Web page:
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Teresa Nelle   Meet Teresa, one of our travel experts for Hawaii.

Teresa is a Certified Tahiti Travel Specialist and works with the Tahiti Tourism Board making sure her guests enjoy a fabulous holiday in Tahiti. Teresa lives on the beautiful island of Maui, Hawaii. She's been a Travel Advisor for 20 years, specializing in tropical islands around the world but her true love is the South Pacific. Teresa has traveled throughout the South Pacific Islands and is on a first name basis with many of the resort owners. She has visited Fiji 7 times as well as Tahiti, Australia and New Zealand. Her speciality is multi-country holidays. Her agency, Luxury Hideaways, is rated A+ with the Hawaii Better Business Bureau.

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Thurston Lava Tube

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Thurston Lava Tube - Thurston Lava Tube. Copyright Hawaii Tourism Japan (HTJ).

As you drive the 1.3 miles from the Pu'u Pua'i Overlook, the forest becomes increasingly lush. Soon you arrive at the Thurston Lava Tube on your right.

A 20 minute 1/3 mile walk though a tree fern forest and lighted prehistoric cavelike lava tube awaits you. This is an excellent place to stop and listen to the birds. Watch carefully and you may see the red apapane feeding among the equally red ohi'a blossoms.

This lava tube was discovered in 1913 by Lorrin Thurston, a local newspaper publisher. At that time the roof of the tube was covered with lava stalactites, but those soon disappeared to souvenir collectors.

See thumbnails of all photos for this point of interest.


"Take a walk in the dark through Nahuku, known as the Thurston Lava Tube, a 500-year old lava cave located within Hawaii Volcanoes National Park. Lava caves like this are formed when a river of lava gradually builds solid walls and a ceiling. When the lava flow stops and the last of it passes downhill, a cave is formed. These caves can be a few feet high and only yards long, or they can stretch for miles with high ceilings. The Thurston Lava Tube is a fantastic example of a massive lava cave.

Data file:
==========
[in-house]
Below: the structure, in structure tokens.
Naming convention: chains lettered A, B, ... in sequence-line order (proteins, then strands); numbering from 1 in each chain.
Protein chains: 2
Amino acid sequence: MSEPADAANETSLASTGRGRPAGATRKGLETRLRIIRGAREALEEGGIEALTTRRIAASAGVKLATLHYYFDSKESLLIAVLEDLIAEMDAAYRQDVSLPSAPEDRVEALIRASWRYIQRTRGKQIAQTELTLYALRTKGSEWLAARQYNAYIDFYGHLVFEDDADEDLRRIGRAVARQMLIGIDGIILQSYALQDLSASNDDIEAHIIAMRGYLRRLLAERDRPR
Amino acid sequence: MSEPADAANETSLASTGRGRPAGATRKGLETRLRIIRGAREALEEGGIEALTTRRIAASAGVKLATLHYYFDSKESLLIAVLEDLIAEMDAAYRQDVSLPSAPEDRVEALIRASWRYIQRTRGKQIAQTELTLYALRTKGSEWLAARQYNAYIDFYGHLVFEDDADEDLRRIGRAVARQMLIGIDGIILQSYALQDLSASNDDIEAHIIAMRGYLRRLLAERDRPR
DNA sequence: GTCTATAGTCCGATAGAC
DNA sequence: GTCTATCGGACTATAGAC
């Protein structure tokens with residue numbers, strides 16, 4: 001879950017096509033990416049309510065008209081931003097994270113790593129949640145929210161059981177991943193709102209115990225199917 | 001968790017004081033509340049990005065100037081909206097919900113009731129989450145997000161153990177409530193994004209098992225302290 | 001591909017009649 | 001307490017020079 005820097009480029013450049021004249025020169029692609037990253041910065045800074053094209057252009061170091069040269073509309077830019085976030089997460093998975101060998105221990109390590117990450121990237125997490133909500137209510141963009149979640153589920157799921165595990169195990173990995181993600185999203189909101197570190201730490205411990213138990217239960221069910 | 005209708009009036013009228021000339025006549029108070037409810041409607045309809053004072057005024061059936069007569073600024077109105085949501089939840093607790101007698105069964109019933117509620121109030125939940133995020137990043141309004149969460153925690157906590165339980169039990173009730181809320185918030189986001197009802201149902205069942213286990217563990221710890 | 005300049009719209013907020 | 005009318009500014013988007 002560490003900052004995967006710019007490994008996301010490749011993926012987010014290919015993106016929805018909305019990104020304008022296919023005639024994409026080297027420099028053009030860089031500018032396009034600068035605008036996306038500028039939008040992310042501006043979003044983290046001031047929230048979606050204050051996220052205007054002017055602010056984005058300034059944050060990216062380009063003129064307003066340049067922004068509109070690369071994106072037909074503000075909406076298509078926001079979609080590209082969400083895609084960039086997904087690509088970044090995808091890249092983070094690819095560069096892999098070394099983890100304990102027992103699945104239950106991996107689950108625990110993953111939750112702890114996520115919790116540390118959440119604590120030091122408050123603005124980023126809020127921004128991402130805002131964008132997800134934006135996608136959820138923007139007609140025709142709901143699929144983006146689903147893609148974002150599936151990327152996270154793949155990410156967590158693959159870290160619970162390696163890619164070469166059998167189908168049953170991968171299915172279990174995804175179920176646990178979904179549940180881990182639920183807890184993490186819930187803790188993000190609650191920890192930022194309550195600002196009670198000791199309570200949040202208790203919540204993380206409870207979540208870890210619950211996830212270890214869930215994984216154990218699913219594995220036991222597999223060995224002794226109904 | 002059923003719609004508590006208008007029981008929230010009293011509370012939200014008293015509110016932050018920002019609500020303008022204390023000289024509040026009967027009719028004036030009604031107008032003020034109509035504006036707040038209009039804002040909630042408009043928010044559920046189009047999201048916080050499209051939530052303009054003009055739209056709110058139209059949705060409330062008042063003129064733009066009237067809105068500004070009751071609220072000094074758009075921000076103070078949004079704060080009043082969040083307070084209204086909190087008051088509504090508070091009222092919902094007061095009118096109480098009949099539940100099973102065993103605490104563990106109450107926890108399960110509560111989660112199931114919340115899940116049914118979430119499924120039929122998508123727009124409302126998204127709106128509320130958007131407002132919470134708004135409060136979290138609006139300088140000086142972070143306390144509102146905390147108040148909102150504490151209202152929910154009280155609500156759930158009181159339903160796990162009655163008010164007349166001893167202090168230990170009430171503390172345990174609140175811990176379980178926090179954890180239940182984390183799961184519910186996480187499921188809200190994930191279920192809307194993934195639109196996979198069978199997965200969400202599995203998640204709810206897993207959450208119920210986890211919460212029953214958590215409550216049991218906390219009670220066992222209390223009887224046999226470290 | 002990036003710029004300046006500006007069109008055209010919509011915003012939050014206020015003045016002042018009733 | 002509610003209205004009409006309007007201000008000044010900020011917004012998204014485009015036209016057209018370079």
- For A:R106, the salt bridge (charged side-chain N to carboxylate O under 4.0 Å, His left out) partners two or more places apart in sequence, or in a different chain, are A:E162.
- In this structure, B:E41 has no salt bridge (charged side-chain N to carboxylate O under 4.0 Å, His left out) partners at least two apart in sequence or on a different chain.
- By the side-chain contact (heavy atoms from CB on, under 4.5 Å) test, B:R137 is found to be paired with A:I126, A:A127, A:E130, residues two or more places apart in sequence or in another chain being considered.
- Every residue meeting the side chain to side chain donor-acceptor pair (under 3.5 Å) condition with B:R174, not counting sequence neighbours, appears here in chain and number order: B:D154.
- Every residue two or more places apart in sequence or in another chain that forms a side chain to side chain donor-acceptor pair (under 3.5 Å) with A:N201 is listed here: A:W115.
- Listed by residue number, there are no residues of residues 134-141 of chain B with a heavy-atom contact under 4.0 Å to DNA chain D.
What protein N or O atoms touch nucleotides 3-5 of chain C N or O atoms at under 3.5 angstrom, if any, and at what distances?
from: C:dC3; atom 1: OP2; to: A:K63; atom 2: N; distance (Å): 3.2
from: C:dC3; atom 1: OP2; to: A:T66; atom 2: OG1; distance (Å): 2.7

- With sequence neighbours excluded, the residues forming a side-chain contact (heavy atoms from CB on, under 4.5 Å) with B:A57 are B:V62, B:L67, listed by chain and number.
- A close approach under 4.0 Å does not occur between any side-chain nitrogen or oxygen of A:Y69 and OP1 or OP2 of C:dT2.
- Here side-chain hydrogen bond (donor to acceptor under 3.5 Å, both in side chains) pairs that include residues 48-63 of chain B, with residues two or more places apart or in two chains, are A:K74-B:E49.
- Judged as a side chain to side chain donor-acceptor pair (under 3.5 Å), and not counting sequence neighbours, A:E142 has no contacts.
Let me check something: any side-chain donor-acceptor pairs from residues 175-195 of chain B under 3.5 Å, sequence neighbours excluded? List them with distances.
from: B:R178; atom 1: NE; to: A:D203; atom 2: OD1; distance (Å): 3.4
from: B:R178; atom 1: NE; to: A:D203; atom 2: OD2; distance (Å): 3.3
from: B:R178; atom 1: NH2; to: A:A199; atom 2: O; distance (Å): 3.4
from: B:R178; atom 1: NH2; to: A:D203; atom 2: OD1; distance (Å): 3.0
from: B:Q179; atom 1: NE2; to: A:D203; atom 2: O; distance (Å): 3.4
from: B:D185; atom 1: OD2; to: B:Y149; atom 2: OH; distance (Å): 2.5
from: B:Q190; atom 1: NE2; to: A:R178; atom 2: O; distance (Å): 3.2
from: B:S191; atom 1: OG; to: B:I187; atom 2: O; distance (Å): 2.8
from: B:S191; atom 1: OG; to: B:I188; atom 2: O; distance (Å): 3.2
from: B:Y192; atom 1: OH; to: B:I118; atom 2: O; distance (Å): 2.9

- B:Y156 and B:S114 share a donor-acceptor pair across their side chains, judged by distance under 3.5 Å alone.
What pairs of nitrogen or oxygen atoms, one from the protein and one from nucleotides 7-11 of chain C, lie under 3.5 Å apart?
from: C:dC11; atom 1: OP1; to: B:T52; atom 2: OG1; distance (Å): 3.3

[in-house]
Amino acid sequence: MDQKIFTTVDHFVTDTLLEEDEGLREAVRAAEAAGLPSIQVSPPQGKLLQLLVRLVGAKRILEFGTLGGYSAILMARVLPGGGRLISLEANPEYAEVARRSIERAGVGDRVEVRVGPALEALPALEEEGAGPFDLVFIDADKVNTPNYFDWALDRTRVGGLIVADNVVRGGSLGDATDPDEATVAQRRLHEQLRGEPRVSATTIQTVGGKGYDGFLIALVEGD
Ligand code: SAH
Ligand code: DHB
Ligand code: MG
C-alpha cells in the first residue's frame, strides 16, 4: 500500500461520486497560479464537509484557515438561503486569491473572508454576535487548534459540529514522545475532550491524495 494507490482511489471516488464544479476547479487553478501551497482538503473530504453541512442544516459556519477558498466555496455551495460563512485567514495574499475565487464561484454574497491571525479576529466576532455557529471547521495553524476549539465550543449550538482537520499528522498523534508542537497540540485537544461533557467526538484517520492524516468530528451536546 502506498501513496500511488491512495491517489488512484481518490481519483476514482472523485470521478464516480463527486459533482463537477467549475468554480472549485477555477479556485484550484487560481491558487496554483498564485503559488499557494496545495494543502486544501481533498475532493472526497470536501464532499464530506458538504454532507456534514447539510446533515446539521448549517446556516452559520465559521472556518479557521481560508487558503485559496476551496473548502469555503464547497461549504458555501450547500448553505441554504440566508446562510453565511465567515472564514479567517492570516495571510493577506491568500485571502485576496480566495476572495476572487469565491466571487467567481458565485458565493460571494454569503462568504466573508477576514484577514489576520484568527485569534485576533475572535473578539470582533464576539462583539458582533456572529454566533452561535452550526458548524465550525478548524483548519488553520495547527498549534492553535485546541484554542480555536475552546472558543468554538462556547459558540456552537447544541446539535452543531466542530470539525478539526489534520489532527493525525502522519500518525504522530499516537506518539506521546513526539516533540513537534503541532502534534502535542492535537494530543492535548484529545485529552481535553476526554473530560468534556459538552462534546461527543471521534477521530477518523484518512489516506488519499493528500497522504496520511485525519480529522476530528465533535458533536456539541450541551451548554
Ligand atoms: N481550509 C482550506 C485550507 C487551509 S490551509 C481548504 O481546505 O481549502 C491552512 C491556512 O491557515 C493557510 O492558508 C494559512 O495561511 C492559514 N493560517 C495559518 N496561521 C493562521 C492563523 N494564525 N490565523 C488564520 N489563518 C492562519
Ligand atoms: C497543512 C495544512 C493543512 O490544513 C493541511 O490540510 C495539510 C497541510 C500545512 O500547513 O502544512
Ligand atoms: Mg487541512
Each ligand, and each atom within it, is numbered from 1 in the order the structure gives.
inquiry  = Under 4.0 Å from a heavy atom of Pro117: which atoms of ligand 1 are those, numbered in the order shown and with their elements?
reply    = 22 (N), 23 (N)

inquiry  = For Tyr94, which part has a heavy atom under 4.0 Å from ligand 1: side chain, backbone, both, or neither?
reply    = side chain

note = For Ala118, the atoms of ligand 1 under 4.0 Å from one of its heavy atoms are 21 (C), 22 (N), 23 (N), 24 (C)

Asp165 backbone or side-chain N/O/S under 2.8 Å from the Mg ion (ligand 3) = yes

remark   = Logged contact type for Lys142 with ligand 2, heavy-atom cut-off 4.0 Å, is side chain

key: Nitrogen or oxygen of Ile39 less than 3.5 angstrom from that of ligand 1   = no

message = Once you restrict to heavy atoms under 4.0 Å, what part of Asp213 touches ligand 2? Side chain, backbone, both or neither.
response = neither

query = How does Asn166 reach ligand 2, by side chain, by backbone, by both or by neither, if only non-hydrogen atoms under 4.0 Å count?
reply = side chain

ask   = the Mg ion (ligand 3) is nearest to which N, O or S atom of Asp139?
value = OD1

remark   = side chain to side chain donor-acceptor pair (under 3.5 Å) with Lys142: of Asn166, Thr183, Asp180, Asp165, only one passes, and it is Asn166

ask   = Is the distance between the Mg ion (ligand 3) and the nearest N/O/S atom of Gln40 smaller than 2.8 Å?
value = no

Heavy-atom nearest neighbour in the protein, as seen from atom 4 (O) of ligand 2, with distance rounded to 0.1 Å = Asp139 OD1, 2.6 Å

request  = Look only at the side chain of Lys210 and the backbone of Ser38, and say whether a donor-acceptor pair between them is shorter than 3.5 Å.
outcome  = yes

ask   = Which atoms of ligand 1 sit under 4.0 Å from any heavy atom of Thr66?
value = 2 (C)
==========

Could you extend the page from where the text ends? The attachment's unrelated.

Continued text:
Lit by electric lights, with a flat rock floor and a ceiling high enough in the center to keep you from scraping your head, this is a great introduction to lava tube geology. The solidified drips and waves of once-liquid lava rock clearly show the molten forces that created this cave. Your flashlight reveals beautiful shapes and colors of minerals leeching from the rock. After strolling the short, lighted section of Nahuku, there's another segment past the steps leading back up the trail that's completely dark with an uneven floor, so don't venture there unless you are sure-footed and have a strong flashlight. But for the able-bodied adventurer, a walk of 50 yards or so into this part of the lava tube will give you an intense experience, especially if you turn off your flashlight. A tropical rainforest awaits at the end of Nahuku.

There are several lava tubes you can visit around the island but Nahuku is the most easily accessible. You can reserve a spot at a guided park ranger tour of Pua Poo lava tube by calling or visiting the Hawaii Volcanoes National Park Visitor Center, the earlier in the day the better."

-Information gathered from